Johns Hopkins researchers Emily Han-Chung Hsiue, M.D., and Jacqueline Douglass in the Vogelstein/Kinzler Lab at the Sidney Kimmel Comprehensive Cancer Center have been researching MANAbodies, an entirely novel immunotherapeutic approach which could be a significant weapon against cancer and source of hope for patients. MANAbodies are bispecific antibodies that target “Mutation Associated Neo-Antigens” (hence, the MANA) that are bound to human leukocyte antigens molecules.
“MANAbodies direct the body’s own immune system to target mutations that are present only on the surface of the cancer cell,” explains Dr. Hsiue. “This results in specific cancer cell killing while leaving normal tissues unharmed.”
The National Foundation for Cancer Research recognized Dr. Hsiue and Ms. Douglass’s MANAbodies research project as the winner of its 2019 Salisbury Award Competition for Entrepreneurial Translational Research, which encourages and promotes innovative scientists and early stage companies to translate their discoveries into therapies that can improve the lives of cancer patients.
Excitingly, and as per the Salisbury Award program model, a new company is being formed to apply the MANAbodies research project’s derived technology in order to generate precision immunotherapies targeting common cancer-causing mutations. The AIM-HI Accelerator Fund, the venture philanthropy organization created by NFCR, will be one of the start-up’s first investors.
A New Front
Researchers Hsiue and Douglass are exploring a new frontier, focused on making “personalized” treatments that can target the unique features that crop up around particular subsets of cancer.
“Our work epitomizes this concept in that MANAbodies target specific mutations that are present on the cancer cell surface,” says Ms. Douglass. “Each patient’s cancer has a unique set of mutations, although some of these mutations—that is, the so-called ‘shared’ mutations—are found in the cancers of many patients.”
MANAbodies target these shared mutations, allowing scientists and clinicians to move one step closer toward the goal of precision medicine.
The MANAbodies project was initially envisioned by primary investigator Bert Vogelstein, M.D., and Andrew Skora, Ph.D., then a post-doctoral fellow, in 2011. Recognizing the value of the Salisbury Award Competition, Dr. Vogelstein and Kenneth Kinzler, Ph.D., both of whom are former NFCR-funded scientists, encouraged their laboratory’s members, including those leading MANAbodies research, to submit applications.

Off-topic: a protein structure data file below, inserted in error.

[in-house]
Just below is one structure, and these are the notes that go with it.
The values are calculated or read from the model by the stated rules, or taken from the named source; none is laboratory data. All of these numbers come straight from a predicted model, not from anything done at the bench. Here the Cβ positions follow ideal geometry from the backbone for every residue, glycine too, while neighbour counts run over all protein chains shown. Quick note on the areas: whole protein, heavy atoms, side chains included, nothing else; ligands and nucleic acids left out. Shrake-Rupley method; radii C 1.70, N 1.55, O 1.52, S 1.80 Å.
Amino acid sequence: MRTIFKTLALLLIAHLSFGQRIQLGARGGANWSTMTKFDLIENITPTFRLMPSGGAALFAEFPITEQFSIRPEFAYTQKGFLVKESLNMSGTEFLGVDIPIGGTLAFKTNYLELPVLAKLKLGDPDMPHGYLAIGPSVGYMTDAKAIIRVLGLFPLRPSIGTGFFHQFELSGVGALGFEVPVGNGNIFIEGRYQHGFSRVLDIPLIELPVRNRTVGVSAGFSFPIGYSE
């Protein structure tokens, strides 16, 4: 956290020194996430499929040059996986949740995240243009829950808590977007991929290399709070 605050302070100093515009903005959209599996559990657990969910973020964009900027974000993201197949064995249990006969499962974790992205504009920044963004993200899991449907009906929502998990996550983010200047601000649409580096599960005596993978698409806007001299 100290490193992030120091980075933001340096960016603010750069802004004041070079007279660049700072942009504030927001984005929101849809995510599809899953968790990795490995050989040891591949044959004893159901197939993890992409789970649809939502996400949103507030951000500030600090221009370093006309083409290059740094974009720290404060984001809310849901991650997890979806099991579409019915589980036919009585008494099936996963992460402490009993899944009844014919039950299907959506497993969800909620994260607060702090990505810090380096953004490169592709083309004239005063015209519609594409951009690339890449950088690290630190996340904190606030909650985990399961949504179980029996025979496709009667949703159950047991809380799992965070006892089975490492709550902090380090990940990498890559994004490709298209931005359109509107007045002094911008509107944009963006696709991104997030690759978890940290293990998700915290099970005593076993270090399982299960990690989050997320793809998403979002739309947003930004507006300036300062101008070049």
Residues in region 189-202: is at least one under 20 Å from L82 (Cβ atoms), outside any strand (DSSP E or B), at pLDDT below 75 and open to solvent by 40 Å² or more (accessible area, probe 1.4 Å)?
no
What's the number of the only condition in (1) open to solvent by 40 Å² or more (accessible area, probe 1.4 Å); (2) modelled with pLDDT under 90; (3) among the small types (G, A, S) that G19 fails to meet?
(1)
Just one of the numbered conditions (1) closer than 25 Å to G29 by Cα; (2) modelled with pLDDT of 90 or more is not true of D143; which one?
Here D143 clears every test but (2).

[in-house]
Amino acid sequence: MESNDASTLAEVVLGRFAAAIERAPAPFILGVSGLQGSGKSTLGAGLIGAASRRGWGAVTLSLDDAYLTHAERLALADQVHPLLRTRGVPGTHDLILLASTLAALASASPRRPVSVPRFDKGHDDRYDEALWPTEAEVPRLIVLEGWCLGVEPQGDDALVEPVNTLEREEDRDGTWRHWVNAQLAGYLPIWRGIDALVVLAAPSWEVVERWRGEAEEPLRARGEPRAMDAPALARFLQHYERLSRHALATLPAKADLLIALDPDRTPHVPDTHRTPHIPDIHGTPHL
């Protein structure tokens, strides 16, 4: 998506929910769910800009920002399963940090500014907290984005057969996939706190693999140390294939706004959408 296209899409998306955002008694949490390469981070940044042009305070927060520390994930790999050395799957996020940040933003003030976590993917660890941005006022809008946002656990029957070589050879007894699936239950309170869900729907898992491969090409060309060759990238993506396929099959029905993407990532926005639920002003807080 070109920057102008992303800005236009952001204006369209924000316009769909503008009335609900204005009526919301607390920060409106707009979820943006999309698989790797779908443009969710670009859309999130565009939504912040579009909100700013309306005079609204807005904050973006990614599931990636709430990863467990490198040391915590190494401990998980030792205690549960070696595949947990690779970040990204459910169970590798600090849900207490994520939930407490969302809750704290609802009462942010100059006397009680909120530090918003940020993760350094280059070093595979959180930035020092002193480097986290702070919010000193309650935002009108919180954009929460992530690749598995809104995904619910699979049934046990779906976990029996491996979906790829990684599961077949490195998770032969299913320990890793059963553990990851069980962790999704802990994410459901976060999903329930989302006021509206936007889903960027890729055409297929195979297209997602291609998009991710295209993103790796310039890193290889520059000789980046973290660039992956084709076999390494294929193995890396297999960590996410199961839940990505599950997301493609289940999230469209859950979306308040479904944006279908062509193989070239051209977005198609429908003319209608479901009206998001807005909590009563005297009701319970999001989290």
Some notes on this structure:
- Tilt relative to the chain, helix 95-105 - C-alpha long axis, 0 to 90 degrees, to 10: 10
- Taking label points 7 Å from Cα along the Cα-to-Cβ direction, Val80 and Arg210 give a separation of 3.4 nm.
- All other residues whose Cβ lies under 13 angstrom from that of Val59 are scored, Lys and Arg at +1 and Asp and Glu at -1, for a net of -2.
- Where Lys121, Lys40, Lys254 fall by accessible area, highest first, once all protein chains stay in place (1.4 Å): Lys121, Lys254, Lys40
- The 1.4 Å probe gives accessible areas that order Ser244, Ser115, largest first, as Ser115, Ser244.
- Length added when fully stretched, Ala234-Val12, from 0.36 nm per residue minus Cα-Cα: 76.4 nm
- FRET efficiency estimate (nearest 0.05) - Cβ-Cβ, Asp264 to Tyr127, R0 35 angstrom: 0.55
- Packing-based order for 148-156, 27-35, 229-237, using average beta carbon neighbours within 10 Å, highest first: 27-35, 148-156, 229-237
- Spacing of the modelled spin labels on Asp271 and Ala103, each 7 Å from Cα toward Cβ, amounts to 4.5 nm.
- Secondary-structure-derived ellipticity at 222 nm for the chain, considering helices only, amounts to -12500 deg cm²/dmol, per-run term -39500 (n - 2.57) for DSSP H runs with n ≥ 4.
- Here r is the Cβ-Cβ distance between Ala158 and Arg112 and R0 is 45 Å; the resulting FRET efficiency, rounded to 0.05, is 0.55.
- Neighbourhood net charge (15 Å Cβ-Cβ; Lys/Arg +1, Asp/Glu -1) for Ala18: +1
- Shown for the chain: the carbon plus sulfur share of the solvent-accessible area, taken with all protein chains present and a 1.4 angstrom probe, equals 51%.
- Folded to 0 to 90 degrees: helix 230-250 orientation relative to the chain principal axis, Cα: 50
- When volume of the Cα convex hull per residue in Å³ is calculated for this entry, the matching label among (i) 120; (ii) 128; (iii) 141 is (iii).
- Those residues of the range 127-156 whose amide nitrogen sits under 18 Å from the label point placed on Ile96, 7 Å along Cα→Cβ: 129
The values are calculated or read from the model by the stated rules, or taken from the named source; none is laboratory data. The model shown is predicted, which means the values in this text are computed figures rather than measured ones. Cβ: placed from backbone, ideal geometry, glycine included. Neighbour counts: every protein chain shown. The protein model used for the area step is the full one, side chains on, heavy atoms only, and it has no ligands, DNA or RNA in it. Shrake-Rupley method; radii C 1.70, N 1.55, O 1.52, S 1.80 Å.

Catalyzing Discoveries Into Therapies
“There is a huge chasm between a successful laboratory experiment and its translation to a new diagnostic or therapeutic agent,” notes Dr. Vogelstein. “Such translation nearly always requires interactions with industrial leaders who have the expertise needed to overcome the obstacles that lie within this chasm.”
“It is therefore important that young scientists in academia appreciate these challenges and work with industry to make their scientific breakthroughs become breakthroughs for patients,” he continues. “These interactions are precisely what the Salisbury Awards try to encourage.”
“The National Foundation for Cancer Research is an incredible organization in that it is willing to invest in and promote early stage projects, such as our own MANAbodies,” expresses Dr. Hsiue. “This award can help attract the investments which could push an idea that never gets out of the lab toward a viable therapy for use in humans.”
Making a Difference
“We were very pleased to see so many innovative labs and early stage oncology companies competing for the Salisbury Award,” reflects NFCR President and CEO Sujuan Ba, Ph.D. “This program is designed to identify high-risk, high-impact, and high-reward projects and help accelerate the pace for them to get into clinics faster.”
“Cancer patients can’t wait!” she stresses.
CEO Emeritus Franklin Salisbury, Jr., one of founding family members of NFCR for whom the program is named, recognizes and promotes translating basic science research discoveries into new cancer treatments.
“I am so pleased that Dr. Hsiue and Ms. Douglass are the recipients of the Fall 2019 Salisbury Award for Entrepreneurial Translational Research,” Mr. Salisbury states. “This epitomizes NFCR’s founding vision to support the combined efforts by doctors and scientists to make possible new approaches of treating cancers.”
The call for applications for the National Foundation for Cancer Research’s 2021 Salisbury Award Competition for Entrepreneurial Translational Research is open through February 28. Apply now here!